bridge of the enterprise: Just About Enough
As a consultant, I work in many varied environments. The one common denominator is that all of them are graphical client server implementations. These clients run different operating systems, database engines and hardware platforms.
For the most part, clients in these environments have sophisticated information technology professionals on staff who realize the complexity of the environments in which we work. These people realize that no one person has all the answers and are usually willing to work together to uncover the "best practices" and utilize the best features of the desktops, servers, network, applications, operating systems and tools. This is often the situation, and it provides for an excellent working environment and, more often than not, a better final solution.
The people that I have just described are, by every definition of the word, professionals. Unfortunately, not all the people I come in contact with and have to work with fit this description.
Not long ago I wrote a column called "Enough of All of These Platform Bigots" and received a number of positive e-mails on its content. These people (the bigots) continue to get on my nerves to the point that I wonder why they are employed. When someone is introduced to a new environment, consisting of tools and features this person has never seen, does it not behoove them to learn something of the environment and tools prior to making blanket statements? Statements like the tools are not capable of providing the desired solution, or they are simply inadequate. Frankly, I have had just about enough of Oracle DBA's who have "Oracle religion," but little or no knowledge about any other database or tool or application. These people espouse Oracle's superiority and have nary an idea what is in the rest of the world. How can they make statements or assumptions like that without any prior knowledge of the other software? They may be correct, but how could they know?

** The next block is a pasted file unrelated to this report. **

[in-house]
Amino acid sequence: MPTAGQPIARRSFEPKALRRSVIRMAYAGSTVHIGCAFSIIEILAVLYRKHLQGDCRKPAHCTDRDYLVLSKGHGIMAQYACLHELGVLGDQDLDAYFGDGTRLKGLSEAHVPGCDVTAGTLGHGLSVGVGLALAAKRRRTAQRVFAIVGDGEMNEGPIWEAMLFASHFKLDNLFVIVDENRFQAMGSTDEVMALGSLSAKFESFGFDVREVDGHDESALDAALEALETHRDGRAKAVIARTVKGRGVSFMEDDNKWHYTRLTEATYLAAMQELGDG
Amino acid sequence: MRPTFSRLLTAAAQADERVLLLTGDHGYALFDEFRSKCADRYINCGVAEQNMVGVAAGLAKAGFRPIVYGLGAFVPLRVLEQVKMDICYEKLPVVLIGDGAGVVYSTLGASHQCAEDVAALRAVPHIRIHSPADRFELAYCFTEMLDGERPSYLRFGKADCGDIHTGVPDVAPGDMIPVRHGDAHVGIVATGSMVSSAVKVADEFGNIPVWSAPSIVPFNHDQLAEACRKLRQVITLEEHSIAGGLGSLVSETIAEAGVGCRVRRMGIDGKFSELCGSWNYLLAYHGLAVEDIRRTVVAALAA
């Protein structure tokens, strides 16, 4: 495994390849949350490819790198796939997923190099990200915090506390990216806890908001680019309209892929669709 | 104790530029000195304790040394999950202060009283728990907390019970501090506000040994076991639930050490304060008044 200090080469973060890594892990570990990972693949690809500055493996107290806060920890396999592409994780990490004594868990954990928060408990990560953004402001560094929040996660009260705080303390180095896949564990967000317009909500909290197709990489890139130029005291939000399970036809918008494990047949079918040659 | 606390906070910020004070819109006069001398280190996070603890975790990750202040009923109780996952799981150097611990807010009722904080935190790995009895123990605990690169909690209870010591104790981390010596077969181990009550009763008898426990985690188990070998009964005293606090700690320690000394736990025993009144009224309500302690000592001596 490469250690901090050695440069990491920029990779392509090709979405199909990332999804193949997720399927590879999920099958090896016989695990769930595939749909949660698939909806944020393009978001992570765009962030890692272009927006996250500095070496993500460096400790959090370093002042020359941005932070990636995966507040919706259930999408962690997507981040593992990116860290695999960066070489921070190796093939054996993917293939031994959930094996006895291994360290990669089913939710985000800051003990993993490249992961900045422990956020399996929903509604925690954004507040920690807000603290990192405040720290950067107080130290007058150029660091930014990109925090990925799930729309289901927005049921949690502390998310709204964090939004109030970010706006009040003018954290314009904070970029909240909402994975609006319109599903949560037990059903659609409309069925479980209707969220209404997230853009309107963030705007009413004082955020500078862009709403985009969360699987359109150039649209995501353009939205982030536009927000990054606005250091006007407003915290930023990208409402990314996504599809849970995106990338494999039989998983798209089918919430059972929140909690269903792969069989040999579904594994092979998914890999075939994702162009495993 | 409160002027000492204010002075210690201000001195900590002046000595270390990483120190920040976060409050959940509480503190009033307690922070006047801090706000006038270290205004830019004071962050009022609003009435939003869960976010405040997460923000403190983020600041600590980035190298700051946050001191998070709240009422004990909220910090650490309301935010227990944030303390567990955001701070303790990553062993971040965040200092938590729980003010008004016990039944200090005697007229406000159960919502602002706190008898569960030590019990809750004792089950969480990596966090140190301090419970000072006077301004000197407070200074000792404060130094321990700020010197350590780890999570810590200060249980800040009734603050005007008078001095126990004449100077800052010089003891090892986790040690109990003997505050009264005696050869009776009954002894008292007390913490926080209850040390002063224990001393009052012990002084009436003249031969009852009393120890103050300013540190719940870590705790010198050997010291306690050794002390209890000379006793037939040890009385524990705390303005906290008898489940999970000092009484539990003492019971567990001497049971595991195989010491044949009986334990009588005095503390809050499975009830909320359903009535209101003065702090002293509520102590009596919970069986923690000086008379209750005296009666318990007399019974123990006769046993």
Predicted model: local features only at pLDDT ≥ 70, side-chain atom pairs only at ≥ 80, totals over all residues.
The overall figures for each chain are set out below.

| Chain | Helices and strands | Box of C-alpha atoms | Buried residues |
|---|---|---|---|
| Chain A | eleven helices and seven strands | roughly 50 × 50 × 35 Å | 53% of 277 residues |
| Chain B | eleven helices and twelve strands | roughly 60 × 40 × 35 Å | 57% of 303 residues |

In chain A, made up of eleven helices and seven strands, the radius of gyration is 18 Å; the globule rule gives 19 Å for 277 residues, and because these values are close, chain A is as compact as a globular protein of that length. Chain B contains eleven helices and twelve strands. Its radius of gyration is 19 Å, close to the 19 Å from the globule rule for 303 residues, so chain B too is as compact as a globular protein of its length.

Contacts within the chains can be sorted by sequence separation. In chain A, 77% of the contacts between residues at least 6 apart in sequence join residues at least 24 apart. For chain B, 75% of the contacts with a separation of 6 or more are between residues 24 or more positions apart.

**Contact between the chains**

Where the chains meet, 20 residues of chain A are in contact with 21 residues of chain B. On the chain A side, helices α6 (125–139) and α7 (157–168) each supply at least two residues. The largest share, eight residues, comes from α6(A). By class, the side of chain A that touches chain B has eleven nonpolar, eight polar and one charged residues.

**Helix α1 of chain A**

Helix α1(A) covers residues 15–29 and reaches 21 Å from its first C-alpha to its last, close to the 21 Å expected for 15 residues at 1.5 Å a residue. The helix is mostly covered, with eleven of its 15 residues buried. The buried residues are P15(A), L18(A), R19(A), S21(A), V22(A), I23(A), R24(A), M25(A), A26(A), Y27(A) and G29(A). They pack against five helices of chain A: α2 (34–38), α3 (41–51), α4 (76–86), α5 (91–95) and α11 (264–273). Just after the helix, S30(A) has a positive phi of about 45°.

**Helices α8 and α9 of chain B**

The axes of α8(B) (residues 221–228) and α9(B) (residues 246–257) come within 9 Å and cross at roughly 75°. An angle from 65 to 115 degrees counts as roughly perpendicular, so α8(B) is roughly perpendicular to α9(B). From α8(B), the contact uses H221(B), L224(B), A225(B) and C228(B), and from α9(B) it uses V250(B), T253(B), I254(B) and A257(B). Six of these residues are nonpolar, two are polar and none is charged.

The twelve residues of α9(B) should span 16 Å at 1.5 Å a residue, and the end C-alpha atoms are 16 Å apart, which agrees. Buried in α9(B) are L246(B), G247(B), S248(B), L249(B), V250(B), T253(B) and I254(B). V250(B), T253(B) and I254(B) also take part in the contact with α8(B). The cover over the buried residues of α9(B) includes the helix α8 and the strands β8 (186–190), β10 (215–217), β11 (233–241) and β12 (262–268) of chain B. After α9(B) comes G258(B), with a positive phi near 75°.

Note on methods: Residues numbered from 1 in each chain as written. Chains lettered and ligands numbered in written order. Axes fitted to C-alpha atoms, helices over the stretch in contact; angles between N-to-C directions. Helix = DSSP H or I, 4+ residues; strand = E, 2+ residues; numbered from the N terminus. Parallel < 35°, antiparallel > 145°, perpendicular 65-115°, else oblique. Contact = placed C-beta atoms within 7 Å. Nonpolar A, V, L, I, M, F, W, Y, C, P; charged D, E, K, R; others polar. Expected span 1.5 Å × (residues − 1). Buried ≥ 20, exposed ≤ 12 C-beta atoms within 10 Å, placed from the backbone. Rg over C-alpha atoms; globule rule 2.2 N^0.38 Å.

This problem is not limited to Oracle experts, and I am certainly not suggesting that all Oracle experts fit this description. Oracle provides excellent products, and there are many fine professionals that work with it. But a product as sophisticated and complicated as Oracle's Data Base draws more than its fair share of pocket protector-wearin', techno-dweebs with attitudes. This type of behavior usually rests with the technical people who are so immersed in the details of the technology that they cannot see the forest through the trees. A great example is the "Access Programmer" who is certain that MS Access is the cure to all of the world's ills. I would like to see this person make Access handle sales order processing for a multinational corporation with 200 telephone operators needing access to the same inventory, A/R and order processing simultaneously. Of course Access cannot do that, but try to tell this to an Access bigot!
The time has come for this abhorrent and ignorant behavior to stop. The industry we work in moves far too fast and requires that many people must rely on the knowledge and experience of others to provide a solution. Anyone not willing to realize this fact and work with the rest of the team should quickly realize the wonders of unemployment.
I, for one, have no time for these folks. While I am sure they know the products they are so proud of, they need to take the time and LISTEN. The most intelligent person I ever met was also one of the quietest. He would carefully listen to what all parties had to say, measure what he heard, formulate and organize his thoughts and provide an answer. This is obviously the far extreme from the folks that I have described, but there must be a middle ground. There must be some give and take. There must be some openness to explore, learn and improve oneself and the organization for which one works.
A veteran of the IBM midrange arena since 1983, Chris Gloede is executive VP for Business Solutions Group in Wayne, Pa. firstname.lastname@example.org.